Diurnal and Annual Temperature Variations in the 30—60 km Region as Indicated by Statistical Analysis of Rocketsonde Temperature Data

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  • 1 National Climatic Center, NOAA, Asheville, N. C. 28801
  • | 2 Langley Research Center, NASA, Hampton, Va.
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Abstract

Rocketsonde temperature data taken during the period 1964–69 at White Sands, N. M., Cape Kennedy, Fla., and Wallops Island, Va., are stratified into 10 day and 10 night intervals and then averaged to give mean diurnal temperature curves at 5-km intervals from 30 to 60 km. Representative values of solar radiation errors are eliminated from all the daytime observations. The results show diurnal temperature ranges of 4.7, 3.6, 4.3, 8.9, 6.8, 7.2 and 8.9K at 30, 35, 40, 45,50, 55 and 60 km, respectively. The temperature maxima occur from 1–3 hr after local noon. The temperature minima occur 1–2 hr before sunrise below the stratopause and shortly after midnight above the stratopause.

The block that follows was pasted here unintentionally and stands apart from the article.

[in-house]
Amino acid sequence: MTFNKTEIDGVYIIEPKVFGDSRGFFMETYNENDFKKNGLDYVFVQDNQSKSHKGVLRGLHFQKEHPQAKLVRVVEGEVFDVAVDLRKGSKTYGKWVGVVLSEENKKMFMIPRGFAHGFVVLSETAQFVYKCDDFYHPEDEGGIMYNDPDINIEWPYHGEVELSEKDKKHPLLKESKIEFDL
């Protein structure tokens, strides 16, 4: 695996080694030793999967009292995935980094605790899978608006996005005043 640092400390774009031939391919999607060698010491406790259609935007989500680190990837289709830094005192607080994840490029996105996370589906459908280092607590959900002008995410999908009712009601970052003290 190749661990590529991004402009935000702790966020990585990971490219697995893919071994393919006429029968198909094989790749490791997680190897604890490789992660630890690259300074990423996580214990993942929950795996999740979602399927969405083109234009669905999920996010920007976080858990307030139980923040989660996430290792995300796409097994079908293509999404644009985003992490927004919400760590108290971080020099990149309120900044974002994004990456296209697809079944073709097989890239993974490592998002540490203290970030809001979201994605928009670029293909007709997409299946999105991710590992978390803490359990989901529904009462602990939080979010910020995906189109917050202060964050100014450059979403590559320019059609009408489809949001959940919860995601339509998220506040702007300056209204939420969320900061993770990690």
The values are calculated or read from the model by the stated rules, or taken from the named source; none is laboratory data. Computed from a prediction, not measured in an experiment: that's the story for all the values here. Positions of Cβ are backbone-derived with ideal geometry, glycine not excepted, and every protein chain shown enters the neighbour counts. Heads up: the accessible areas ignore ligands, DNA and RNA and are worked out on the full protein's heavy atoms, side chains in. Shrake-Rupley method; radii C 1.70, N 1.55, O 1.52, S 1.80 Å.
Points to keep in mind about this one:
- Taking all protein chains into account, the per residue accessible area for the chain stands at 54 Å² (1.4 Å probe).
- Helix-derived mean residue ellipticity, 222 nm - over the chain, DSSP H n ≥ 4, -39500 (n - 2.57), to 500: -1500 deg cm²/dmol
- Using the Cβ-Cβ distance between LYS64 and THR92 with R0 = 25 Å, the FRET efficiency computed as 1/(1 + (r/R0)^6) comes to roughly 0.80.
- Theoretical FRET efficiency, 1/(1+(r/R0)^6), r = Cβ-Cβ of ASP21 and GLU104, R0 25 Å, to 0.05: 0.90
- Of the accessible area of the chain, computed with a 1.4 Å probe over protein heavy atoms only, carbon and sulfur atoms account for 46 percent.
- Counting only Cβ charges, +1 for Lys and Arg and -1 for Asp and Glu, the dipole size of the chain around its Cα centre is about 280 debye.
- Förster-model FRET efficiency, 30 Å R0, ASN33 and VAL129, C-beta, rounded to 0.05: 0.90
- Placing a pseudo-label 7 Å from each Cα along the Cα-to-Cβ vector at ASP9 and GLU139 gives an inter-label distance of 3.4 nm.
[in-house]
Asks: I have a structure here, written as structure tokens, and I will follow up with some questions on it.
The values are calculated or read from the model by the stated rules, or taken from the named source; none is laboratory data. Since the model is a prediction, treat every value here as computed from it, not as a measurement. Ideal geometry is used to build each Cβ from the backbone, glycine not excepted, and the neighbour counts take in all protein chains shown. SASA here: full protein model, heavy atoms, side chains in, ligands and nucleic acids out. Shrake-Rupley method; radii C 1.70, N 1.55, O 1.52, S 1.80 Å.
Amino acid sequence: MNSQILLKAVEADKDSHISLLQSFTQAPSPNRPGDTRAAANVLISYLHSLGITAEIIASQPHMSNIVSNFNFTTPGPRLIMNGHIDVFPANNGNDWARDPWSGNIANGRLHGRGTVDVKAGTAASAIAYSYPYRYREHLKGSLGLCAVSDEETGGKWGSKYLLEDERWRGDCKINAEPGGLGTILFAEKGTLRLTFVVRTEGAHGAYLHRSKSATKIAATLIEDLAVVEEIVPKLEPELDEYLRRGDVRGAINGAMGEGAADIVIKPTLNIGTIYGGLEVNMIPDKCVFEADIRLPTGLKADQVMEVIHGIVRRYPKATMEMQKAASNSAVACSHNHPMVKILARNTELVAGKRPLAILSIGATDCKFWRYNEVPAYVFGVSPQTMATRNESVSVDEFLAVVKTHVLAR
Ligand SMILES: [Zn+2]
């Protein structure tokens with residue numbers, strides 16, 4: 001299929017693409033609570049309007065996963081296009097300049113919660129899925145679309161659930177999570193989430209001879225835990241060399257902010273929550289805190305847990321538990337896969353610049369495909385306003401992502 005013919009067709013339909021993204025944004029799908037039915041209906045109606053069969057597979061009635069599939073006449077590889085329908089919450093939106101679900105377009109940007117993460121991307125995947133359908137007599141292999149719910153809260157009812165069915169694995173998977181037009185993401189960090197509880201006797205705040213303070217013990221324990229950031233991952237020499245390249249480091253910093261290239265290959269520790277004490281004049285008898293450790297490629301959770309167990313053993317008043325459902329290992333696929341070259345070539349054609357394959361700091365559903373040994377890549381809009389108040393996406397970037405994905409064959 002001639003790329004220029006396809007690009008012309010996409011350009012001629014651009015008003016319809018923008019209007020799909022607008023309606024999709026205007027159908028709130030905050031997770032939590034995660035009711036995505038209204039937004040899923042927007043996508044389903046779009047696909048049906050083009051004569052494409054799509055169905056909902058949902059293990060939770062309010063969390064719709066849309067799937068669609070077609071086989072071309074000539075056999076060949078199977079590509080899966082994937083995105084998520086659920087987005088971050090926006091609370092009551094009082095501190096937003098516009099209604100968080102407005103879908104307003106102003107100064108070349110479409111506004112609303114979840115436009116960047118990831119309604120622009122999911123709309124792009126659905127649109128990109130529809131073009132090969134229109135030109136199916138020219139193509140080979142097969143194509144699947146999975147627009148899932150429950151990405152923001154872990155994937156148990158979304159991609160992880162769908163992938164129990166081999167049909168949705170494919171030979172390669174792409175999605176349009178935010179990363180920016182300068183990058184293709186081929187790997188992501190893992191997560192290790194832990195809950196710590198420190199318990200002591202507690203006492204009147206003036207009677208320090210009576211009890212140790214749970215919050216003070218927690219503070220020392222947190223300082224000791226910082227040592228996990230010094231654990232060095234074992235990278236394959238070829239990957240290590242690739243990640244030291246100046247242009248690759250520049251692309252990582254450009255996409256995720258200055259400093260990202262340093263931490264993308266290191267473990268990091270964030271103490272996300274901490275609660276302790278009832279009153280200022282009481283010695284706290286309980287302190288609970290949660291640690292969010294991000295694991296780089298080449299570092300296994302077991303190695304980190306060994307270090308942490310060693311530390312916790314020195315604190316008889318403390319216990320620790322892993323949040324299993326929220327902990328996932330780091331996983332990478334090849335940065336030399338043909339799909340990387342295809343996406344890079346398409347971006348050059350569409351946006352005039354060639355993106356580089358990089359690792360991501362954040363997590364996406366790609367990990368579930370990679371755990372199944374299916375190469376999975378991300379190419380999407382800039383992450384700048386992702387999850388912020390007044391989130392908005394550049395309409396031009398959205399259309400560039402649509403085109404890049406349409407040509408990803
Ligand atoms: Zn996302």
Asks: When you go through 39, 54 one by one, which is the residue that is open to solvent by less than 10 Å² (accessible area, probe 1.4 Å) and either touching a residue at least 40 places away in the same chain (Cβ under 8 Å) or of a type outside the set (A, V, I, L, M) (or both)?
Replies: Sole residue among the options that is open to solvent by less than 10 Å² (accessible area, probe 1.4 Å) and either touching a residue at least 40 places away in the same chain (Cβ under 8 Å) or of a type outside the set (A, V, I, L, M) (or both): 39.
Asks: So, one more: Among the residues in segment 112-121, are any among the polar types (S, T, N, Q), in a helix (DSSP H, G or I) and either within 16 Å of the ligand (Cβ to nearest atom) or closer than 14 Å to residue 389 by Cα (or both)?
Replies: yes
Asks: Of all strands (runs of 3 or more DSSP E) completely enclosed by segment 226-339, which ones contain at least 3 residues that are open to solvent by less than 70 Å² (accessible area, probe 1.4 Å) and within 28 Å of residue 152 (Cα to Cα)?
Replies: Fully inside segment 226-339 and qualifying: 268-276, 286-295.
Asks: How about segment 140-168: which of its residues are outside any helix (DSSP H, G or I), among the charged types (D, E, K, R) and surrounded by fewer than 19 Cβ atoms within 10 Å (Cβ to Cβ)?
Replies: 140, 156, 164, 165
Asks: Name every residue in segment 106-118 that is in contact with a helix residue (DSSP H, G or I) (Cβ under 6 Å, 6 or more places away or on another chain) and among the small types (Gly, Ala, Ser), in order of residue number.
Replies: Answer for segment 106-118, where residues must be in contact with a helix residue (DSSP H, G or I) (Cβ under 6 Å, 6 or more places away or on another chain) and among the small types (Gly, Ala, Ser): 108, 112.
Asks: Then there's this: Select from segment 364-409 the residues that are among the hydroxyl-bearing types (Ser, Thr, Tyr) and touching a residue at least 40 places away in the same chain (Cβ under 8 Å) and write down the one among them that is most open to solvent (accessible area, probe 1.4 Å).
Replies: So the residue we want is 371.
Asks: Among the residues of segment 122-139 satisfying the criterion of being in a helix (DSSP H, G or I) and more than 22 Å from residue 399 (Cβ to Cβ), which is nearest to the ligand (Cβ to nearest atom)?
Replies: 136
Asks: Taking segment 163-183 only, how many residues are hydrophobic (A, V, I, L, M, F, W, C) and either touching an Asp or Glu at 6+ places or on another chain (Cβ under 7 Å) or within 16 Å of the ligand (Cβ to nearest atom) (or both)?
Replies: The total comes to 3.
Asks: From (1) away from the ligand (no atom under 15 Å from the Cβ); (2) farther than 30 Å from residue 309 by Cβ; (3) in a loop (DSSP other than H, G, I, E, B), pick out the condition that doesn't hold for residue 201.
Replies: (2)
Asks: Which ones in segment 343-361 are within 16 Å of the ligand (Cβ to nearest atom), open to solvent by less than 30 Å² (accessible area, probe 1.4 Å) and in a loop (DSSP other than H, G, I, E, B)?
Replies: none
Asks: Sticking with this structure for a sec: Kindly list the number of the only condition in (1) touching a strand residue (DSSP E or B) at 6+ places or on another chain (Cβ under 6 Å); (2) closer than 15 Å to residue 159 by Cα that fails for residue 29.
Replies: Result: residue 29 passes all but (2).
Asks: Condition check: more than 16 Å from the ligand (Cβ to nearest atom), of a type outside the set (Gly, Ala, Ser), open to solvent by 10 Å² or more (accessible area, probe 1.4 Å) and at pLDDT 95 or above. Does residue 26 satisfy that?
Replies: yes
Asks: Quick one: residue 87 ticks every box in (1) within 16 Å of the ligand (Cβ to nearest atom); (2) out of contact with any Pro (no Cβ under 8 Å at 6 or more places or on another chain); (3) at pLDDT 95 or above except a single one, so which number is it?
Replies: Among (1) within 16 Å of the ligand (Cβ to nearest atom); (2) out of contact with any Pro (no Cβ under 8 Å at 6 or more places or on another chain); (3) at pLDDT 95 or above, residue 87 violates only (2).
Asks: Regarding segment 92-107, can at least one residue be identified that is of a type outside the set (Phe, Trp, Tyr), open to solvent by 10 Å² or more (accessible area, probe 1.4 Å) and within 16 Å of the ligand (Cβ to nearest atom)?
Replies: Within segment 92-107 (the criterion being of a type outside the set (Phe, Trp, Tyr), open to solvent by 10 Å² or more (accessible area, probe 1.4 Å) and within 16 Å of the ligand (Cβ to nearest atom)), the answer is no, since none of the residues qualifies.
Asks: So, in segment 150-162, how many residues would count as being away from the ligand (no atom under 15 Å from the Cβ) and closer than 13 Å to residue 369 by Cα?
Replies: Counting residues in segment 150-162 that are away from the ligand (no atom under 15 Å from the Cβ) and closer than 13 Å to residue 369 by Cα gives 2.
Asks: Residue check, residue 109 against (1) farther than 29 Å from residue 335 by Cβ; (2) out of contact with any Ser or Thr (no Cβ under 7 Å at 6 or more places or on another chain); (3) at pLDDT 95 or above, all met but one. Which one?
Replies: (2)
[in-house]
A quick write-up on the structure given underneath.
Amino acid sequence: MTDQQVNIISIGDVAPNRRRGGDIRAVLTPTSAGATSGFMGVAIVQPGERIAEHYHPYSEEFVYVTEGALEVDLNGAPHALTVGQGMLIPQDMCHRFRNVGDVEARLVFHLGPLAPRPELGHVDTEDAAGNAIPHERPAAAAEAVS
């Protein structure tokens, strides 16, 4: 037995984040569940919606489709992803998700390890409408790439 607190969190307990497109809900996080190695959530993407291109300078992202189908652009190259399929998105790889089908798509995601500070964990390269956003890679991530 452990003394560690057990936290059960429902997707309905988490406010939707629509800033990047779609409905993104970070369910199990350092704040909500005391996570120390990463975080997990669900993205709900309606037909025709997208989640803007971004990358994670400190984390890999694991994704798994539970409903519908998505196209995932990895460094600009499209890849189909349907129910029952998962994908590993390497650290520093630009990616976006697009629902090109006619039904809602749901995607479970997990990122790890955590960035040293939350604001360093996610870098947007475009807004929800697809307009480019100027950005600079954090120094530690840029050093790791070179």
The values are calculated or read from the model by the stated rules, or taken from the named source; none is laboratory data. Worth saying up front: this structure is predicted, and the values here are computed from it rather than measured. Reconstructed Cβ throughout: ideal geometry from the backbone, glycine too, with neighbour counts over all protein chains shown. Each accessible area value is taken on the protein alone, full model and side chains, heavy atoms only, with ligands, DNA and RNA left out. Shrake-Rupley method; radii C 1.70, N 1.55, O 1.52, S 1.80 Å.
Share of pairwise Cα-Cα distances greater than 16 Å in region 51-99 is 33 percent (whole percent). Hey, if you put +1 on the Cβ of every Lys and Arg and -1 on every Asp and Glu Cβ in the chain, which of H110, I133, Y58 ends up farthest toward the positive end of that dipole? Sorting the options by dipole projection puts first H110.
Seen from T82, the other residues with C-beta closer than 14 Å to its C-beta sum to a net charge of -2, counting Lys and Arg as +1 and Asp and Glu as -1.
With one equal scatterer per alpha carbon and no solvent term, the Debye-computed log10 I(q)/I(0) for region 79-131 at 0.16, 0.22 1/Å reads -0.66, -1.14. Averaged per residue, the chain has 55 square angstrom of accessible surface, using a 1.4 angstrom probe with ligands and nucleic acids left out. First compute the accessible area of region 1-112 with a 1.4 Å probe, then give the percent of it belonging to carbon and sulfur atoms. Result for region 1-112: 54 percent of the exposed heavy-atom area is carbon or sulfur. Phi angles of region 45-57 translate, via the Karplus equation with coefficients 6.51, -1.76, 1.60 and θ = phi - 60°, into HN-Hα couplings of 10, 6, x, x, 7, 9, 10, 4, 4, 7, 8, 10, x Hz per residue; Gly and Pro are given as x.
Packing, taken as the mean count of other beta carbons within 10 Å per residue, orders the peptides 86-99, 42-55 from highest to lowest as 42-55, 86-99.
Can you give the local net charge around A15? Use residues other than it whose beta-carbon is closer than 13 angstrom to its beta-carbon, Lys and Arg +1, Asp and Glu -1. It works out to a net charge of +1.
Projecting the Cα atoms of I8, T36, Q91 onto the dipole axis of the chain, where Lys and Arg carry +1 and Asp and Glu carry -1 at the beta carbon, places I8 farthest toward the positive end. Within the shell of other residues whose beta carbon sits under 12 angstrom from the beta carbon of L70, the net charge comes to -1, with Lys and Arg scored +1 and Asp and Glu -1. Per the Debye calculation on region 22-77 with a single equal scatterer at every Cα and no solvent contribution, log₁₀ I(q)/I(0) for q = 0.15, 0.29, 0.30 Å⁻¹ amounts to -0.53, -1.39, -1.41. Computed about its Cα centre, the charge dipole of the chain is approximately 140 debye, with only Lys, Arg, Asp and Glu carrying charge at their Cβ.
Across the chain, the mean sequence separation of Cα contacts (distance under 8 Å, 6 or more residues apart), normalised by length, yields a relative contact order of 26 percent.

Adjustments for systematic temperature errors and diurnal variations are applied to mean monthly temperatures (based on midday data only) to give estimates of the true monthly means. The January and July mean temperatures for the three stations are compared with the model atmospheres published in the U. S. Standard Atmosphere Supplements (1966).

Abstract

Rocketsonde temperature data taken during the period 1964–69 at White Sands, N. M., Cape Kennedy, Fla., and Wallops Island, Va., are stratified into 10 day and 10 night intervals and then averaged to give mean diurnal temperature curves at 5-km intervals from 30 to 60 km. Representative values of solar radiation errors are eliminated from all the daytime observations. The results show diurnal temperature ranges of 4.7, 3.6, 4.3, 8.9, 6.8, 7.2 and 8.9K at 30, 35, 40, 45,50, 55 and 60 km, respectively. The temperature maxima occur from 1–3 hr after local noon. The temperature minima occur 1–2 hr before sunrise below the stratopause and shortly after midnight above the stratopause.

Adjustments for systematic temperature errors and diurnal variations are applied to mean monthly temperatures (based on midday data only) to give estimates of the true monthly means. The January and July mean temperatures for the three stations are compared with the model atmospheres published in the U. S. Standard Atmosphere Supplements (1966).

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